2. Iran is a democracy with elections whereas the Saudi Family oil estate is still run by the Big Man principle. Not an election in sight for anyone — even after 100 years of women voting in the western world. Saudi Inc. is not a country — it is a corporation founded on dubious historical legitimacy to protecting the two sacred mosques (the so called kings of Jordon have more claim if we look at history).
    3. The whole sunna/shia split is the result of an early civil war in Islam between members of Muhammad’s immediate family (and which largely reflects the traditional Persian-Arab tribal issues) — it is no basis for a modern governance system. Claiming people of different beliefs or interpretations are outside the fold is simply a convenient Wahhabi policy to justify the status quo set up after the British were pushed out.
    4. Much of the oil revenue money poring into the Saudi Family treasury goes into either arms purchases or funding Wahhabi mosques and conservative Imams etc in foreign lands. The same hard and soft ‘infrastructure’ that promotes Islamic fundamentalist ideology in the West to ensure that this fanatical innovation is the only ‘official’ version on show. The very same ideology and culture that legitimated Osama bin Laden’s actions (in his own mind at least).
    Put this together (and more if one wanted to keep digging) and what we have is a repressive regime that has no legitimacy or relevance in the modern world other than they agreed with Nixon in the 1970s to pump oil for stability only transact in $US.
    The Saudi Family Regime (SFR) has nothing but money. All the things (including silence) that money can buy,it seems, but very little of what it can’t!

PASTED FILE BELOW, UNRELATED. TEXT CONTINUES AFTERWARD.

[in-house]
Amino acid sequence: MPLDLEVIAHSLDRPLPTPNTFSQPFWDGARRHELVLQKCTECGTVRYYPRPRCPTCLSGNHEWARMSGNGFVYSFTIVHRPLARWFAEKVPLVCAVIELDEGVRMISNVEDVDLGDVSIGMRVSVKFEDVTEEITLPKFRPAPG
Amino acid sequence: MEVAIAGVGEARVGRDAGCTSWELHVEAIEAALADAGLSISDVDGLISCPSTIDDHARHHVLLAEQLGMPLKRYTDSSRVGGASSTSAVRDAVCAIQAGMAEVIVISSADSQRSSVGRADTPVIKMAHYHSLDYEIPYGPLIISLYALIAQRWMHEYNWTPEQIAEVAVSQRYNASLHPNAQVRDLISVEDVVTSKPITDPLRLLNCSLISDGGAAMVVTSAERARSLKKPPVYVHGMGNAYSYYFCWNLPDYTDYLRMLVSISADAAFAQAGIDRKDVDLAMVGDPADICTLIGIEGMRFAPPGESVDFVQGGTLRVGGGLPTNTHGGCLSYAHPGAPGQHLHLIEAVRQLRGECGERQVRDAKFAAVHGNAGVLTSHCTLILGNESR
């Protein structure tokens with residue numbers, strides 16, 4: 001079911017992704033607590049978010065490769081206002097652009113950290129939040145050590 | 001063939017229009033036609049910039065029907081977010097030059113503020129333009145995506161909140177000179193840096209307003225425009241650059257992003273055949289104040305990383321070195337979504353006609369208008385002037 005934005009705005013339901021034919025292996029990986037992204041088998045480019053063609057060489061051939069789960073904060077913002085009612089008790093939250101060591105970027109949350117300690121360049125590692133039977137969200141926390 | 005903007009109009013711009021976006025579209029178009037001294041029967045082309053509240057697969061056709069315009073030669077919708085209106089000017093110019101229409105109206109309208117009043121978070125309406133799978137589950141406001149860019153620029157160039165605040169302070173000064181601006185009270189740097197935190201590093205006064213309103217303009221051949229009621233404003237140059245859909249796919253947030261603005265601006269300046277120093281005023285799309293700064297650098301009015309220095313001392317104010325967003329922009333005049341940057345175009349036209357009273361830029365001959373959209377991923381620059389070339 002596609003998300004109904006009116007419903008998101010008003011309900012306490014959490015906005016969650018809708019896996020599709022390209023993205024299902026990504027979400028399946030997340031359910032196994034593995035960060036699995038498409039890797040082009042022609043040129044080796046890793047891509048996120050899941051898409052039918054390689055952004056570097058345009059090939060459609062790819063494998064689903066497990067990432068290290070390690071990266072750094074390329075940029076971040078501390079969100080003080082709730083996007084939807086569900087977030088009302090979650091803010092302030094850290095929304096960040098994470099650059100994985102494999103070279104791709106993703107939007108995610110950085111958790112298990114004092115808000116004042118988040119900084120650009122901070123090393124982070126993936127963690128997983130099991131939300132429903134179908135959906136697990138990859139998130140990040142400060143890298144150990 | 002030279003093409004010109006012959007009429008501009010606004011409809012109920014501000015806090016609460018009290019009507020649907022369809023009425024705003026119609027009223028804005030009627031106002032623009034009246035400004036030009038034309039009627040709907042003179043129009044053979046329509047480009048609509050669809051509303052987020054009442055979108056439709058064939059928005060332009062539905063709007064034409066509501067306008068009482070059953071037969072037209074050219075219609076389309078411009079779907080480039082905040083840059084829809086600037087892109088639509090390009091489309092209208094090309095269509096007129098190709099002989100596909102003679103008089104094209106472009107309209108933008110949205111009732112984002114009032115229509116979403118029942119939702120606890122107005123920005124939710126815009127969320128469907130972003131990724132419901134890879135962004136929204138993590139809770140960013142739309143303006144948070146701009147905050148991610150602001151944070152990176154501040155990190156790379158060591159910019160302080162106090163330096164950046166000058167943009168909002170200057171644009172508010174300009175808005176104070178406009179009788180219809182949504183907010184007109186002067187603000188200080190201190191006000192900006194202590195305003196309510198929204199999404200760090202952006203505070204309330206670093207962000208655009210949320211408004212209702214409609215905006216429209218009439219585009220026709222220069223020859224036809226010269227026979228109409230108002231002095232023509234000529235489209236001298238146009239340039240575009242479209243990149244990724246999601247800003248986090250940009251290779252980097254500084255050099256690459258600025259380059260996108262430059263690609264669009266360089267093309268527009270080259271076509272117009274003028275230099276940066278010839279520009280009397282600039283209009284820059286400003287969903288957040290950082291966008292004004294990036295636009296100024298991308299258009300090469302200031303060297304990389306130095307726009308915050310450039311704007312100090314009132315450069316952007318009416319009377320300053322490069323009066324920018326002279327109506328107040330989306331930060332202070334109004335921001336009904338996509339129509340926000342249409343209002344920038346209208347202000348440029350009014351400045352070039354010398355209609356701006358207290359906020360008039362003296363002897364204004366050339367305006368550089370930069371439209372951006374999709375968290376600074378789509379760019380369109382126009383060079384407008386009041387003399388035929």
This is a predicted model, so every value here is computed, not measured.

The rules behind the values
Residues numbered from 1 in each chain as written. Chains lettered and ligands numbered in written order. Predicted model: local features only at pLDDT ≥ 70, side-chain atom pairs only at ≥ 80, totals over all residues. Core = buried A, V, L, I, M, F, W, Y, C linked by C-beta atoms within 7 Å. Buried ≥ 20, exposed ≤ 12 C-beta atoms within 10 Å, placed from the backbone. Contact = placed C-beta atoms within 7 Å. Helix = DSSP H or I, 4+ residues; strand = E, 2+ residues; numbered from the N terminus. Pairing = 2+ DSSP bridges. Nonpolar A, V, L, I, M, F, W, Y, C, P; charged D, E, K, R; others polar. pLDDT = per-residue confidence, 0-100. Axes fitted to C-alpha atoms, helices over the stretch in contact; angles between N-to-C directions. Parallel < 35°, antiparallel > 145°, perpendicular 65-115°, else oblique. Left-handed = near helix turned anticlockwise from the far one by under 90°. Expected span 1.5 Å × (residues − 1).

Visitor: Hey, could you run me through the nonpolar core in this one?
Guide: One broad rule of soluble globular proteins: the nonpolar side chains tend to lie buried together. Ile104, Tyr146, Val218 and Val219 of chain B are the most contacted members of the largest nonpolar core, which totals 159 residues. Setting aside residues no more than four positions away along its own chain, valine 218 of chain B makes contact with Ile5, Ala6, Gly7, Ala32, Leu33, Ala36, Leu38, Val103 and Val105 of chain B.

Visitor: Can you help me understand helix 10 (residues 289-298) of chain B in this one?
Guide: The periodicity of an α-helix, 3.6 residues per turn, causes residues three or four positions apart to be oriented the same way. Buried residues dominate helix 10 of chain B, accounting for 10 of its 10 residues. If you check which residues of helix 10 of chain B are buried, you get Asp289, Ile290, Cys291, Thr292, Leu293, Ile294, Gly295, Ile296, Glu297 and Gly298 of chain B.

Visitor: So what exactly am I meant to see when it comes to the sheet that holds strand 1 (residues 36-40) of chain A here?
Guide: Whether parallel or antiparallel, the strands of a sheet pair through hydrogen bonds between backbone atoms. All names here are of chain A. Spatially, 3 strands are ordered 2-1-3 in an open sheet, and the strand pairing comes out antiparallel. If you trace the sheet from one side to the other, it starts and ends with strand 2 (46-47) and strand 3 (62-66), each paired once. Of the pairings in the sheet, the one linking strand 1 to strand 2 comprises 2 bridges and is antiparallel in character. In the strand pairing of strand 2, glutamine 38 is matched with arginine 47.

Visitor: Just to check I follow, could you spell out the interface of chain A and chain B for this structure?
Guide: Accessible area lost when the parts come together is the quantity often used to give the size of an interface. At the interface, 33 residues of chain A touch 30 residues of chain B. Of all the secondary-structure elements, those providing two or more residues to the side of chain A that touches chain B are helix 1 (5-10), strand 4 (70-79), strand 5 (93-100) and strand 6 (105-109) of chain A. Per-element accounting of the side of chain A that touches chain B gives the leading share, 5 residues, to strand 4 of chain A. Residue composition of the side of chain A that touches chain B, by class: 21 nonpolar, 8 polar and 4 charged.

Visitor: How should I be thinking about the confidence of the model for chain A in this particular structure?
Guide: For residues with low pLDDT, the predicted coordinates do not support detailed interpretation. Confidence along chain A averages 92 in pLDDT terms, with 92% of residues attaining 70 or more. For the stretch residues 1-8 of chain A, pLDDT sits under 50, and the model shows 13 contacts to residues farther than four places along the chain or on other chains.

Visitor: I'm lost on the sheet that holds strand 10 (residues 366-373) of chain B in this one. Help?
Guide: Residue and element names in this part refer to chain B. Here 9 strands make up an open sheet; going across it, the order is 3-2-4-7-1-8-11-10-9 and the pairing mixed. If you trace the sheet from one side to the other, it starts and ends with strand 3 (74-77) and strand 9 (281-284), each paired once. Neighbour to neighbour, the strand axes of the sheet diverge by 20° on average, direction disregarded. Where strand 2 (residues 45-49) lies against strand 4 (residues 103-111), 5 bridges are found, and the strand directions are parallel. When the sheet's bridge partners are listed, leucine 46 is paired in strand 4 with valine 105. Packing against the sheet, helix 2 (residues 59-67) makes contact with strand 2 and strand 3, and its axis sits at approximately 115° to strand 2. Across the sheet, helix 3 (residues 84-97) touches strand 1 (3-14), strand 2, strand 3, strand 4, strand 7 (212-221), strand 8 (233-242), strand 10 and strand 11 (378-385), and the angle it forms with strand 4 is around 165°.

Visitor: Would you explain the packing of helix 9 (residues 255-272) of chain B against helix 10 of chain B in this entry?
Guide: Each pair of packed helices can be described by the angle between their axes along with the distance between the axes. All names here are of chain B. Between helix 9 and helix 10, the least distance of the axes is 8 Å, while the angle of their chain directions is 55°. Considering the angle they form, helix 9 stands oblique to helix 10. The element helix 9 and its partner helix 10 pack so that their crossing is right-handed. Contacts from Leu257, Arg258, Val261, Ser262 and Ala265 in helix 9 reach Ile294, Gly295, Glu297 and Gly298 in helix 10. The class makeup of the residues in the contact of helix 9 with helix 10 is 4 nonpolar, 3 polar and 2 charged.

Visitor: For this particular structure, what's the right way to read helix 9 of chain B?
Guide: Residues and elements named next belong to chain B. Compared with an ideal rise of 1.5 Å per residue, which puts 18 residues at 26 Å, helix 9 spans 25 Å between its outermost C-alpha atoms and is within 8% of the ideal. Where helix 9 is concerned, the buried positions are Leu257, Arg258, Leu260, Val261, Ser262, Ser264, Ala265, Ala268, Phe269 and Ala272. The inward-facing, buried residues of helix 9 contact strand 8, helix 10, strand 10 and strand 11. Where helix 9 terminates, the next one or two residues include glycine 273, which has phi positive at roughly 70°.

Never mind these academic distractions about the ‘House of Saud’ and their domestic irrelevancies of which family clone takes over:
    Where is the political legitimacy for anything associated with them?
    Where is the ethical foundations of their fundamentalist autocratic rule?
    Where is their relevance in the modern world?
    Where is their public comment about the pork eating Americans on whom they so much depend?
    Who else is going to hold hands while on a stroll with GWBush? (Prey tell, was Mad King George Bush a Sunni or a Shiite?)
    Where are the grey beards of tolerant wisdom — hidden behind the vain obsession with black hair and the faux youth and vitality it allegedly represents in the Islamic mythology?
    The only thing I think these Saudi people need to do is explain their role and responsibility for promoting the people and prejudice that motivated people like Osama bin Laden! Unjustified pride and prejudice that has left a wasted decade of war and wreckage across the Middle East!
    If this autocrat is in power then let him rule and make the rules — and hold him 100% accountable! Stop this strategy of silence and distraction using Iran and Shiite and Sufi etc.
    Ok, let’s see his power at work. I want to see an edict that women can drive asap. If he cannot even achieve that then I say it is crap — and a charade — and we are not dealing with a legitimate monarch. If nothing so simple is not easy then I say we are dealing with a covert cabal of mad mullahs just like Iran. The only distinction being in Iran they are up front about it.
    They like to think they are living in the 1440s AH — to many in the modern world they are living in the 1400 CE!
    I just do not see much difference between post Shah Iran and Saudi’s Wahhabi Arabia! Is this the way the US wants it? Seems to be so imo.